Starting his nature blog was a “good way for me to pass the time during lockdown,” said Price, as staying put does not come that naturally to him. Originally from Canada, he is also a Brit-American. His father, a geophysicist working in the oil business, took his family to a new posting about every two years, among them Egypt, Kashmir and Price’s favorite, Madagascar, which is rich in chameleons. His mother, from Britain, wanted him to “grow into a proper British boy,” so he attended Abbotsholme School, on the border of Derbyshire and Staffordshire, a now co-ed boarding school established in 1889 by a progressive educator.

Price moved on to studies at Sandwell and University of Birmingham in the UK, then came to New Mexico to study nursing at the University of New Mexico. Always keen on biology, he realized that biology as a career, “likely would not pay the bills.” He tiptoed into becoming a doctor, then saw that nursing would be a much quicker career route.

Why New Mexico? “My stepfather developed stomach cancer in Mallorca, Spain, while I was in Birmingham University, about 20 years ago. He was American and chose to get American medical care. They picked New Mexico because it was like Spain in climate, and cheap to live in.”

He adds that “I have since learned Rio Rancho in particular attracts a large number of “medical tourists.” There are many people living in the high desert getting chemo treatments, just like the old tuberculosis sanatoriums in the 1920s.” And what better place for a biologist, a state with an Official State Amphibian, the spade foot toad? The seldom idle Price, now 43, currently is studying for a degree in biology education at UNM, and before COVID-19 shut so much down, was volunteering at the Museum of Southwest Biology there. He retells an old joke biologists tell, that “medicine is easy because it only focuses on one species.”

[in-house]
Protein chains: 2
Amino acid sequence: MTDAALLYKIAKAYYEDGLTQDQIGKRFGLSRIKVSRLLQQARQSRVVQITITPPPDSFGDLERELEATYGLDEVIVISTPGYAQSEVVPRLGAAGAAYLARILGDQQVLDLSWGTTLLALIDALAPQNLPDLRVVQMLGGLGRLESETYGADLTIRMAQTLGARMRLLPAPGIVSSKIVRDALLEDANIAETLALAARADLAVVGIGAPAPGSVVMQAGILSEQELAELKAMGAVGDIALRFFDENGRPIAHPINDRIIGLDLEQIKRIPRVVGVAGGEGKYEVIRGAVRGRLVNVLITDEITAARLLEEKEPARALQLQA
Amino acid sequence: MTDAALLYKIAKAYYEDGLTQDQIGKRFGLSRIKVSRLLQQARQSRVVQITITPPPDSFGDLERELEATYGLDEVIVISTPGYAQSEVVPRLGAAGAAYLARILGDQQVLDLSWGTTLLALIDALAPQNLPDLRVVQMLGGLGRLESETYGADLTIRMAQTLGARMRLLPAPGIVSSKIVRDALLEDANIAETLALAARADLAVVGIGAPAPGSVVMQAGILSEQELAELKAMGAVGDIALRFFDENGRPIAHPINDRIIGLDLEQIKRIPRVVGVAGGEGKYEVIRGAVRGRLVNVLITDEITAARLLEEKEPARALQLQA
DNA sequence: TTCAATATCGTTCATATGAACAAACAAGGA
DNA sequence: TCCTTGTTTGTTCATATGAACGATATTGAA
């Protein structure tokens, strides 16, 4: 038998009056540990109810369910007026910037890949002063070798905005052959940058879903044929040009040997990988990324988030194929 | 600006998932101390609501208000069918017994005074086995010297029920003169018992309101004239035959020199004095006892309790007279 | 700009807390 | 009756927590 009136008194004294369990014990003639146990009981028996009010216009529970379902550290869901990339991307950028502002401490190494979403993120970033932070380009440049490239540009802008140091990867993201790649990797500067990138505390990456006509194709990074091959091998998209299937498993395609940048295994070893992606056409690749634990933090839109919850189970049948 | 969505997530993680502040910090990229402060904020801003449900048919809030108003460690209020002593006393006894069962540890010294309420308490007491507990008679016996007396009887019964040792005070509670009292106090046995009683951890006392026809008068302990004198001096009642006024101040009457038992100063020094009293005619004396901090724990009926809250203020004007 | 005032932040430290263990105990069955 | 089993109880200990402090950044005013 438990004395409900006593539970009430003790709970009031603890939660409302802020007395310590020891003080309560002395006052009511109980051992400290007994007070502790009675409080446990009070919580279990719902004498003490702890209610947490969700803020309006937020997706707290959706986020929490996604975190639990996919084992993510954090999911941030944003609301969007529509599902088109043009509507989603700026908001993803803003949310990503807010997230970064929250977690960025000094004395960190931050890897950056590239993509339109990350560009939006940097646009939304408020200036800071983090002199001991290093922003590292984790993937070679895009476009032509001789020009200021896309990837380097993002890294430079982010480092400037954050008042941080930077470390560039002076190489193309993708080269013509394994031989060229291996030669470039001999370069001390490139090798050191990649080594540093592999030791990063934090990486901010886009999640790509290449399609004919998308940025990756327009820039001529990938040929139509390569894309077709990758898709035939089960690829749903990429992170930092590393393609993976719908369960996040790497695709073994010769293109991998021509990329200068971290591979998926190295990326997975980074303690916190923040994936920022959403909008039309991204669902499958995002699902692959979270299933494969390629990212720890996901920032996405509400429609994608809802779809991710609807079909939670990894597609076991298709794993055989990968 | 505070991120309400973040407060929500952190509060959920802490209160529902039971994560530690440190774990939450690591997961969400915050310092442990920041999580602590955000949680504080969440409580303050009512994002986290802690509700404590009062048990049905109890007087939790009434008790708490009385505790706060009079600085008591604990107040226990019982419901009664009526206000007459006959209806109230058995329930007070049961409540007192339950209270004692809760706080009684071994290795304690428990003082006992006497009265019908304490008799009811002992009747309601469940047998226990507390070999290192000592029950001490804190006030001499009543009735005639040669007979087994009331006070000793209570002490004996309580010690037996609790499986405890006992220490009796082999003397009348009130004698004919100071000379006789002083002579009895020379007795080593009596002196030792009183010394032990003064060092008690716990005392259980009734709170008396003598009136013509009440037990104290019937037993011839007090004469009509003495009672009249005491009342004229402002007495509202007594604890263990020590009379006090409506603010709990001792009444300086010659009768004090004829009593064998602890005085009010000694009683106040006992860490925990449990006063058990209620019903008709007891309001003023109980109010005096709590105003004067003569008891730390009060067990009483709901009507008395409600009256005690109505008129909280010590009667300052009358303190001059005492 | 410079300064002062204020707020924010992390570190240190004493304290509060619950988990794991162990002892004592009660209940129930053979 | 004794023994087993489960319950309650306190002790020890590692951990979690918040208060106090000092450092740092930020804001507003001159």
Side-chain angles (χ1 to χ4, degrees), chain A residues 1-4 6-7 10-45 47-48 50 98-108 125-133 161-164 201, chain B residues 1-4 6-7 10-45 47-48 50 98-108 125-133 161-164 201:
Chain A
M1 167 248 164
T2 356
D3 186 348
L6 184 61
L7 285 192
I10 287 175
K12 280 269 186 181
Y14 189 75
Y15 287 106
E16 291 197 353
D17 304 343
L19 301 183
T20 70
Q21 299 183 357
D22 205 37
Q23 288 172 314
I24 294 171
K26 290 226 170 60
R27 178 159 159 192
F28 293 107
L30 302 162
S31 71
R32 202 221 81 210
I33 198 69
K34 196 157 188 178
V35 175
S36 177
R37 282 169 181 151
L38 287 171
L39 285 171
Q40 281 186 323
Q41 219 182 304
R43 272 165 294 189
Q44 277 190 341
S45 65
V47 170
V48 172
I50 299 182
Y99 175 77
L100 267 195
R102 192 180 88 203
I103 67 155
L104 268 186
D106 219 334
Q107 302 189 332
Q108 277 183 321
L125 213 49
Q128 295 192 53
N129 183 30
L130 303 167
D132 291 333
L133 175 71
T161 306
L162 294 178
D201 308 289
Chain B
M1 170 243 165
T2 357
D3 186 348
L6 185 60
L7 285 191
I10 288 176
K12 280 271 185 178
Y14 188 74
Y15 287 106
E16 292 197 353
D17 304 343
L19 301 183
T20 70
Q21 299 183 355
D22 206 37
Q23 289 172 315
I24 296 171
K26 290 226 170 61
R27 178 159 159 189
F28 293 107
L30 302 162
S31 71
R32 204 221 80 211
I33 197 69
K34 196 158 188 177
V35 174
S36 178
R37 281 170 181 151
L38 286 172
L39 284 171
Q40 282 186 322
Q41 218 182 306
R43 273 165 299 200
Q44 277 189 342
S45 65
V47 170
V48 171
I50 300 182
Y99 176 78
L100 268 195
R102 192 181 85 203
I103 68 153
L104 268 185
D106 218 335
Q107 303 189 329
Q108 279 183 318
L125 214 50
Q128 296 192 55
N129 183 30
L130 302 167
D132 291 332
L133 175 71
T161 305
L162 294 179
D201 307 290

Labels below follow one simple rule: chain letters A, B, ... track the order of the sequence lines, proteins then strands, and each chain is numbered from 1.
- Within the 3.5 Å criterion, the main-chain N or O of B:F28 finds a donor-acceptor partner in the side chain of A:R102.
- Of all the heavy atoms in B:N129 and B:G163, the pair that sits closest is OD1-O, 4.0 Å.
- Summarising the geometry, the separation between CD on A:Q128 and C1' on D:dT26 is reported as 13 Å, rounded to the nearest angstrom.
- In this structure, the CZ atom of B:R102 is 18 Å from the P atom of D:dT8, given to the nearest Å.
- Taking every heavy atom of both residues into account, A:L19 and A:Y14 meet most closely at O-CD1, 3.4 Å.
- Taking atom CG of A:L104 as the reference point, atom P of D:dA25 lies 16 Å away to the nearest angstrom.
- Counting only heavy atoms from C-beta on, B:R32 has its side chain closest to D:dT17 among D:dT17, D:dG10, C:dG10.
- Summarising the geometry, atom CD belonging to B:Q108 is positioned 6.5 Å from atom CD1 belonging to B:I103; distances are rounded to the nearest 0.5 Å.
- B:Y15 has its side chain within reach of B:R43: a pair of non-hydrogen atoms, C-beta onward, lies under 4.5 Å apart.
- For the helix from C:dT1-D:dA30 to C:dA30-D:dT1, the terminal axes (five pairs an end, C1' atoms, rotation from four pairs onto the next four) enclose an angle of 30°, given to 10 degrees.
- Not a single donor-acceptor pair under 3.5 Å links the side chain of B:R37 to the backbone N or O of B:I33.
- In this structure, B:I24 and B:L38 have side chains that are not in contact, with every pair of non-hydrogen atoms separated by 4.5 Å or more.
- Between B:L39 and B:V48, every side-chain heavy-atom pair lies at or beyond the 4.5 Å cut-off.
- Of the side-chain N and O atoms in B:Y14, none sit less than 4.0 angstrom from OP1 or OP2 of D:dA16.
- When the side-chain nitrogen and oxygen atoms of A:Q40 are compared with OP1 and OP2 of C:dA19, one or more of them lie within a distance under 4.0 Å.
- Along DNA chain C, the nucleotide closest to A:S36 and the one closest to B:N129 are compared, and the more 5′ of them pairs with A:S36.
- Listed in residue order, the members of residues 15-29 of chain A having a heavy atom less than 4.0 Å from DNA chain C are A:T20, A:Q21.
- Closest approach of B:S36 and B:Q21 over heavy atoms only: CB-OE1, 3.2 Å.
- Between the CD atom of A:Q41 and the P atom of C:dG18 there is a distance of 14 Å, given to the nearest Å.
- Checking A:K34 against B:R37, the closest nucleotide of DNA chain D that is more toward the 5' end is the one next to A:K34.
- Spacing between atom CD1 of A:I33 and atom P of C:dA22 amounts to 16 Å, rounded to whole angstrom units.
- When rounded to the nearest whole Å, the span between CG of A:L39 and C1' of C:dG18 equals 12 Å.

Toads and frogs, however, are “always thrown in with reptiles, as an afterthought,” a move clearly irritating to Price. The spadefoot is visible only at night, hence Price’s vigilance when starting for home just after midnight. “They come alive somewhat during the monsoons to breed, visible for about three-four days. Otherwise they live underground for nine months of the year!”

Spadefoots soak up moisture through a patch on their skin, and, can be recognized also as per their official state description. “The voice of the New Mexico spadefoot sounds like a fingernail running across the teeth of a comb. When threatened, the New Mexico spadefoot toad emits an odor said to smell like roasted peanuts.”